We have a very, very good retail portfolio now. Between catalog, on-air and online. And we -- we now are on so many multiple burners that you're going to have both good news and bad news. Overall -- the overall pull of our business is -- is just completely positive.

[Q - Paul Keung]

Okay. And one housekeeping question, if I may.

[A - Barry Diller]

Sure.

[Q - Paul Keung]

Looking at the tax payouts, the secures -- you've increased those secures of what benefit you have had from paying out the more and trying to [trade more] partners there.

[A - Tom McInerney]

I'm sorry, could you repeat the question?

[Q - Paul Keung]

I was wondering what benefits have you had in increasing your payouts to your network partners within Ask Jeeves?

[A - Tom McInerney]

Which partnerships -- ?

[A - Barry Diller]

Paying out to network partnerships for Ask Jeeves.

[Q - Paul Keung]

What trends are you seeing in your payment of your tax? Are you increasing them or decreasing them? And what benefits have you had, either way, in terms of where you're spending the tax?

[A - Tom McInerney]

Let me try -- let me take a shot at it, if I understand the question. I think Ask has a number of different methods to apply to our customer -- distribution methods that range from customized portal deals to search integration deals to other forms of -- obviously in the tool bar business, a variety of downloadable online marketing tactics. And I would say in general, all of -- the market for all of those customers are competitive. We have seen some pressure in spot areas. I don't think any of it's game changing. But obviously with a highly competitive search market that continues to grow very rapidly, our arbitraged opportunities and opportunities to make margin are going to get arbitraged away by competitors. But then you go find other opportunities. It's constantly a competitive game. I don't think anything is sea changing there. It's something we focus on every day.

[A - Barry Diller]

One last question. Operator.

[Operator]

You're done with Mr. Keung?

[A - Barry Diller]

Yes, thank you. We'll take one last question.

[Operator]

Thank you. We have that last question from the line of Scott Kessler from Standard & Poor's. Please go ahead.

[Q - Scott Kessler]

Hi, thanks very much. Two questions, if I may. First, can you explain why the Ask Jeeves percentage of revenue from proprietary sources declined in the quarter on a sequential basis? Does this reflect at all the new sponsor links offering? And how is that going at this point? The second question is a bigger question -- I wanted to know if you could talk a little about your vision for becoming more of a player in interactive media. Things have been referenced over the past several quarters. You guys are doing some things in that area. Where do you think there could be opportunities in that particular area, given your current base of assets? Thanks a lot.

[A - Tom McInerney]

On the -- on your first question, you really have to -- given the seasonality in the business, you really have to look year-over-year. We think that's the right comparison in this particular one. Because the source of revenue does move around seasonally, and so Q3 is a lower seasonal quarter for some of the proprietary as opposed to the network. Flat year-over-year, we think, is indicative in the current trend in the business.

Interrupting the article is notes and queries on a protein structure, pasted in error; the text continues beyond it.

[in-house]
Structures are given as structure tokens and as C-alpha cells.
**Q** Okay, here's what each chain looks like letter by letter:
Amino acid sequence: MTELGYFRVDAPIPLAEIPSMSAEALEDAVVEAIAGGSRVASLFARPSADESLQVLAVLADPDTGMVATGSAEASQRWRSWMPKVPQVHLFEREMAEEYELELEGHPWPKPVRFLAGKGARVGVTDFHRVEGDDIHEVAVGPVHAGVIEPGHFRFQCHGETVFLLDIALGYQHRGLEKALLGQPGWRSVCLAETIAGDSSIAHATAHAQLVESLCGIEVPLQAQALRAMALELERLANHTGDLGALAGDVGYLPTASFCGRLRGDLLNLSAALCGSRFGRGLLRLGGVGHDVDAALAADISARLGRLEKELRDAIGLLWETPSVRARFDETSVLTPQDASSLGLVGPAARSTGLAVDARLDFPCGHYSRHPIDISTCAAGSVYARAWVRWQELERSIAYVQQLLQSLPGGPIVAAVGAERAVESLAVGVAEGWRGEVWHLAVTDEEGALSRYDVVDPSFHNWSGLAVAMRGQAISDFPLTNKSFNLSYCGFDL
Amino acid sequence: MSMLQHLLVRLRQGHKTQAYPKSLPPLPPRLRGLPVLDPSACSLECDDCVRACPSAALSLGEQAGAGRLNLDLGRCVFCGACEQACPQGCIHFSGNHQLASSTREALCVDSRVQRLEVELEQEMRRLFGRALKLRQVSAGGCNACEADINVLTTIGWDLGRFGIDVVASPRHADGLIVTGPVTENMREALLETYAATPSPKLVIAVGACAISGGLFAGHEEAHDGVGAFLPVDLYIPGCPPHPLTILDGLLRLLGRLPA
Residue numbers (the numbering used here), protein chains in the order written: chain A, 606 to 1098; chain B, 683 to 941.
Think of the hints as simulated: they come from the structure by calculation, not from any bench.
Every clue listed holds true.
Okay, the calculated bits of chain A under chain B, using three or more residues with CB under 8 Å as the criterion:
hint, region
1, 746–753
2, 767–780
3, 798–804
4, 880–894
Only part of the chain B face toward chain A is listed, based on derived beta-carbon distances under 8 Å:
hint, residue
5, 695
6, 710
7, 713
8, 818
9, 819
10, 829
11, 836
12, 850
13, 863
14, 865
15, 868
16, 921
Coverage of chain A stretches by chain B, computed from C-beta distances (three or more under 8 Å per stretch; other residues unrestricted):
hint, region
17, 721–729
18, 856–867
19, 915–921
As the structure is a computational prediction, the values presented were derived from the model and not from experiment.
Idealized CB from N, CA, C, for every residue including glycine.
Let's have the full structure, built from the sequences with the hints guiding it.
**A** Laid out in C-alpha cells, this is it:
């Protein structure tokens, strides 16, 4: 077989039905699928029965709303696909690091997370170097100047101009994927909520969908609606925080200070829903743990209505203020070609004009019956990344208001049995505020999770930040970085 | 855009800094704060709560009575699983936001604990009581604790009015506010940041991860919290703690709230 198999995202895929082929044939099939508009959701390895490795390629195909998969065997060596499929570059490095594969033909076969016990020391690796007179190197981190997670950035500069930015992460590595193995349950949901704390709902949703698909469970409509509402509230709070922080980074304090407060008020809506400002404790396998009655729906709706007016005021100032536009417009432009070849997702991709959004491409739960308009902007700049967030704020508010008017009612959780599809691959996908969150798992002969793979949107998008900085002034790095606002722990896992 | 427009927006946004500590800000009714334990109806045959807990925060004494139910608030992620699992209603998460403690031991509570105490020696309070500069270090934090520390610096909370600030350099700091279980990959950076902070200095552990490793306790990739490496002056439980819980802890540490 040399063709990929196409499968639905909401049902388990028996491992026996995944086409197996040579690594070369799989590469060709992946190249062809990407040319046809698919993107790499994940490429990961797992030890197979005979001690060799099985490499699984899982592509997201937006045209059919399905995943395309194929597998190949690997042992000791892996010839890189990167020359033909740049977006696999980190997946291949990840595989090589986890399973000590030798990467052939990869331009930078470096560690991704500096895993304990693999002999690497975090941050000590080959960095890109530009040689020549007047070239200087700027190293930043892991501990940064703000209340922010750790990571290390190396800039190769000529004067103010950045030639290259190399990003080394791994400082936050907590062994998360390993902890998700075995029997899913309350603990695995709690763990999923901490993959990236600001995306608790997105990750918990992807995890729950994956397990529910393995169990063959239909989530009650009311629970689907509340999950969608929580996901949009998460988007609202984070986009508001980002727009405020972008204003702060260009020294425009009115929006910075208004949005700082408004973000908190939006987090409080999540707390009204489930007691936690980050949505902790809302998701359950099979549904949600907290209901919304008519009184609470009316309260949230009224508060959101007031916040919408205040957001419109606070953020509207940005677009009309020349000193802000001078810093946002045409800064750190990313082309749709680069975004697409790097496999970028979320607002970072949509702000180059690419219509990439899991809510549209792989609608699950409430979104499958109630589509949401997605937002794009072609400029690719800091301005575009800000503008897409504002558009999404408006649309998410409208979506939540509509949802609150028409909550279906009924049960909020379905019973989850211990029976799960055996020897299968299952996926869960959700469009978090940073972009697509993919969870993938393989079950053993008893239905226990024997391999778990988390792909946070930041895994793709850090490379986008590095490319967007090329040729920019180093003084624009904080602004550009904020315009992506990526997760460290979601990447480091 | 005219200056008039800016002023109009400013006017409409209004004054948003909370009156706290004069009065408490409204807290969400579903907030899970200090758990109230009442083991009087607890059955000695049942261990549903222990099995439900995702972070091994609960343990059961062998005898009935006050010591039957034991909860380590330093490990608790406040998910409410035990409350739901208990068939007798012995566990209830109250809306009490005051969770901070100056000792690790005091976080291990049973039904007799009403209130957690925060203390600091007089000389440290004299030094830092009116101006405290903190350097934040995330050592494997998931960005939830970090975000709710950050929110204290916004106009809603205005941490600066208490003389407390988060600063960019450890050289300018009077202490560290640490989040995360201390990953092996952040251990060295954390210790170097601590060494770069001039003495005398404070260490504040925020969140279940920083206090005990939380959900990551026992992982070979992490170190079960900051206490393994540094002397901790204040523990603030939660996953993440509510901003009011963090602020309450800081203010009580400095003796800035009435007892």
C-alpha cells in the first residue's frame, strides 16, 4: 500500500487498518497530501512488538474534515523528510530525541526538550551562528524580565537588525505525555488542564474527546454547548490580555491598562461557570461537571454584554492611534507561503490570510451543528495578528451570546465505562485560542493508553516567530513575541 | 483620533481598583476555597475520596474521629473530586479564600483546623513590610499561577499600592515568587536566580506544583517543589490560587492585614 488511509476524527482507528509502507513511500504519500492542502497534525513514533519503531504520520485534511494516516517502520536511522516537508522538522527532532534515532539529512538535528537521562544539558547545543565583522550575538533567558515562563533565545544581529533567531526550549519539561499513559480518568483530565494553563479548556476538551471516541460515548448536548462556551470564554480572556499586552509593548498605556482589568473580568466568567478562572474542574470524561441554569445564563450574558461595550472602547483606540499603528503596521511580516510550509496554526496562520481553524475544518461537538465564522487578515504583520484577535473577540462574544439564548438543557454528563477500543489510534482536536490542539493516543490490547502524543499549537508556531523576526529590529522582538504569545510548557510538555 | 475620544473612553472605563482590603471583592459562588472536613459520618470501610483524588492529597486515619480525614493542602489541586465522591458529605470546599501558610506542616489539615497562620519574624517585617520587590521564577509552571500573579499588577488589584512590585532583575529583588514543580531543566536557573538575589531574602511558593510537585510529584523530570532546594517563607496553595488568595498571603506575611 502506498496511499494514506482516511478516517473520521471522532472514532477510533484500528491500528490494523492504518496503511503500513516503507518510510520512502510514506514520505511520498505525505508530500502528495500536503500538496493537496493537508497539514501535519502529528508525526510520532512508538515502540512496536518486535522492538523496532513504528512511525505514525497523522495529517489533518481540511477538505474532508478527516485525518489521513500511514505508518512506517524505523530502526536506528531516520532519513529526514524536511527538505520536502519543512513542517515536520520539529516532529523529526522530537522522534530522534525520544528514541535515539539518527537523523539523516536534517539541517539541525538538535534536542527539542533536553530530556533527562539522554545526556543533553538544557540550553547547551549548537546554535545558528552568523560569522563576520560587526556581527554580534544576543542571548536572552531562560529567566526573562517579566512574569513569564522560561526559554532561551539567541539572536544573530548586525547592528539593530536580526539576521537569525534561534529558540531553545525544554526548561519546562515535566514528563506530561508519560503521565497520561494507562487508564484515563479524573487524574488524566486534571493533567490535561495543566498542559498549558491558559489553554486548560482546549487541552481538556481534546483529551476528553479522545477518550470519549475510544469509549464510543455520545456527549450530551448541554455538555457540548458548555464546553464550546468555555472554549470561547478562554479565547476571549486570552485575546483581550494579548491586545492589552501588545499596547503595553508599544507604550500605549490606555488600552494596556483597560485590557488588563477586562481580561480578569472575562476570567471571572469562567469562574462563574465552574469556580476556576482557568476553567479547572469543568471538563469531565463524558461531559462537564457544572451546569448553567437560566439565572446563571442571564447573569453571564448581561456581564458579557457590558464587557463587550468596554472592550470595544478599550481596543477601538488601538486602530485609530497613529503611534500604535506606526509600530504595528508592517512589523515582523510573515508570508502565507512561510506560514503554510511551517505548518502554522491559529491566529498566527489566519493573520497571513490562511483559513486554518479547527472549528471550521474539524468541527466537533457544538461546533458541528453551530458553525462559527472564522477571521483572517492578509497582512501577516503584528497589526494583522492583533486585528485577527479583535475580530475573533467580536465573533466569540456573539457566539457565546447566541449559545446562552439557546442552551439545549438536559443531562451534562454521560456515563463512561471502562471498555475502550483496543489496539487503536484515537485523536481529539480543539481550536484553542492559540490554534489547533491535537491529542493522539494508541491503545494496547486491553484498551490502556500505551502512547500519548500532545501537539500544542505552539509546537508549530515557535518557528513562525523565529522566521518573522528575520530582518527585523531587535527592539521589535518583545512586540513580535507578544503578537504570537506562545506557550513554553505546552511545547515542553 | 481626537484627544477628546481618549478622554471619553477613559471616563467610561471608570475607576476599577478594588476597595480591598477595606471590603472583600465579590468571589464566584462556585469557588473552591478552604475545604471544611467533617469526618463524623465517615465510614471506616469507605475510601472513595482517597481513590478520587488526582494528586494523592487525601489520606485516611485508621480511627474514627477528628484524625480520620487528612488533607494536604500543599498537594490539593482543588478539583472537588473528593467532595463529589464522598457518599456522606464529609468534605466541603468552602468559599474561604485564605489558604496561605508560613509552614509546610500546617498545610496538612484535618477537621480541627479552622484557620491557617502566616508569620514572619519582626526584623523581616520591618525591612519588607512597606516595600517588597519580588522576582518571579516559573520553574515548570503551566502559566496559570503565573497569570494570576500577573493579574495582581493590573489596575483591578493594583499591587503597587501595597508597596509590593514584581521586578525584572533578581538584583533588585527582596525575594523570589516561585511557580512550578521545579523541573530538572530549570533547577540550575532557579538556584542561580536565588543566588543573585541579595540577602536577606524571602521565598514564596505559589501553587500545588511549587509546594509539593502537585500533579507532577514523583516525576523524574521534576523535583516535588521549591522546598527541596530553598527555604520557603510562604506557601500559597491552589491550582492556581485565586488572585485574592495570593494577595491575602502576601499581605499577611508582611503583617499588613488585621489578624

[A - Barry Diller]

As far as the future, which I am -- look to be much of a predictor about. But what I would say -- actually now, I will go and do it -- which is, and I don't think it's very much a prediction to tell you the truth. It's hardly looking around the corner. But clearly, video -- digital video is going to be increasingly, increasingly a part of the interactive internet world. As bandwidth increases and you do get the ability for rich media, for video, that is a whole world. Now, we are already in the closest thing to it. Because at HSN we have video, now all digitized. And we have, as we talked during this call, enormous amount of efforts that relate between HSN and the symbiosis with HSN.COM and their interrelationship, which will more and more merge. Each will be always separate but they'll be very much true sisters of each other. There are all sorts of other things that are going to happen through digital video. And this Company does intend to begin to make investments -- small investments at this stage, because I think it's really probably -- it's certainly off, meaning off by some digit of years. I don't think all that many or we wouldn't --or we would just wait. So I think it is sensible for us to begin in various forms of content creation, of digital delivery, et cetera, those forms where we're going to start to make small investments in the next year or two.

[Q - Scott Kessler]

And if I could just follow-up, do you think right now your company has the assets that you'd like to kind of pursue what is going on in interactive media? Specifically, are you thinking about proprietary elements of this type of area? Or are you thinking about what you have done historically, which is essentially connecting buyers and sellers in a variety of different areas?

[A - Barry Diller]

Well, I don't know yet, to tell you the truth. I don't think -- actually, I don't think we should know yet. It's too -- it's too much early days. This Company is very much concentrated on -- on being of service to consumers. We -- in being of service to consumers about goods and information. The next forms, which will be probably more -- if you could say it, I mean they're all content-based. But maybe in the narrative area, may not. Don't really know yet. Certainly will be in the area of news through Ask, which is very much now in it and thinking about how to aggregate services for the future. So I don't yet know where it's going to go. I do know that the areas that we think about deal with gaming, they deal with gaming of all kinds. We have some little embryonic efforts of that right now. One in the UK -- two in the UK, actually. So whether it's gaming or whether it's entertainment, narrative, et cetera, I don't know yet. But, again, as I say, it's not an area of capital deployment at this stage. I don't believe it will be one for awhile. And I think you got to look probably towards the end of next year, the following year, for anything really significant to develop there.

[Q - Scott Kessler]

Great, thank you very much.

[Barry Diller, Chairman and CEO]

It's our pleasure. On behalf of Tom and my colleagues and I at IAC, thanks for listening. And we'll be back with you, I think, sometime in February. So, an early wish for a nice holiday. Thank you and good day.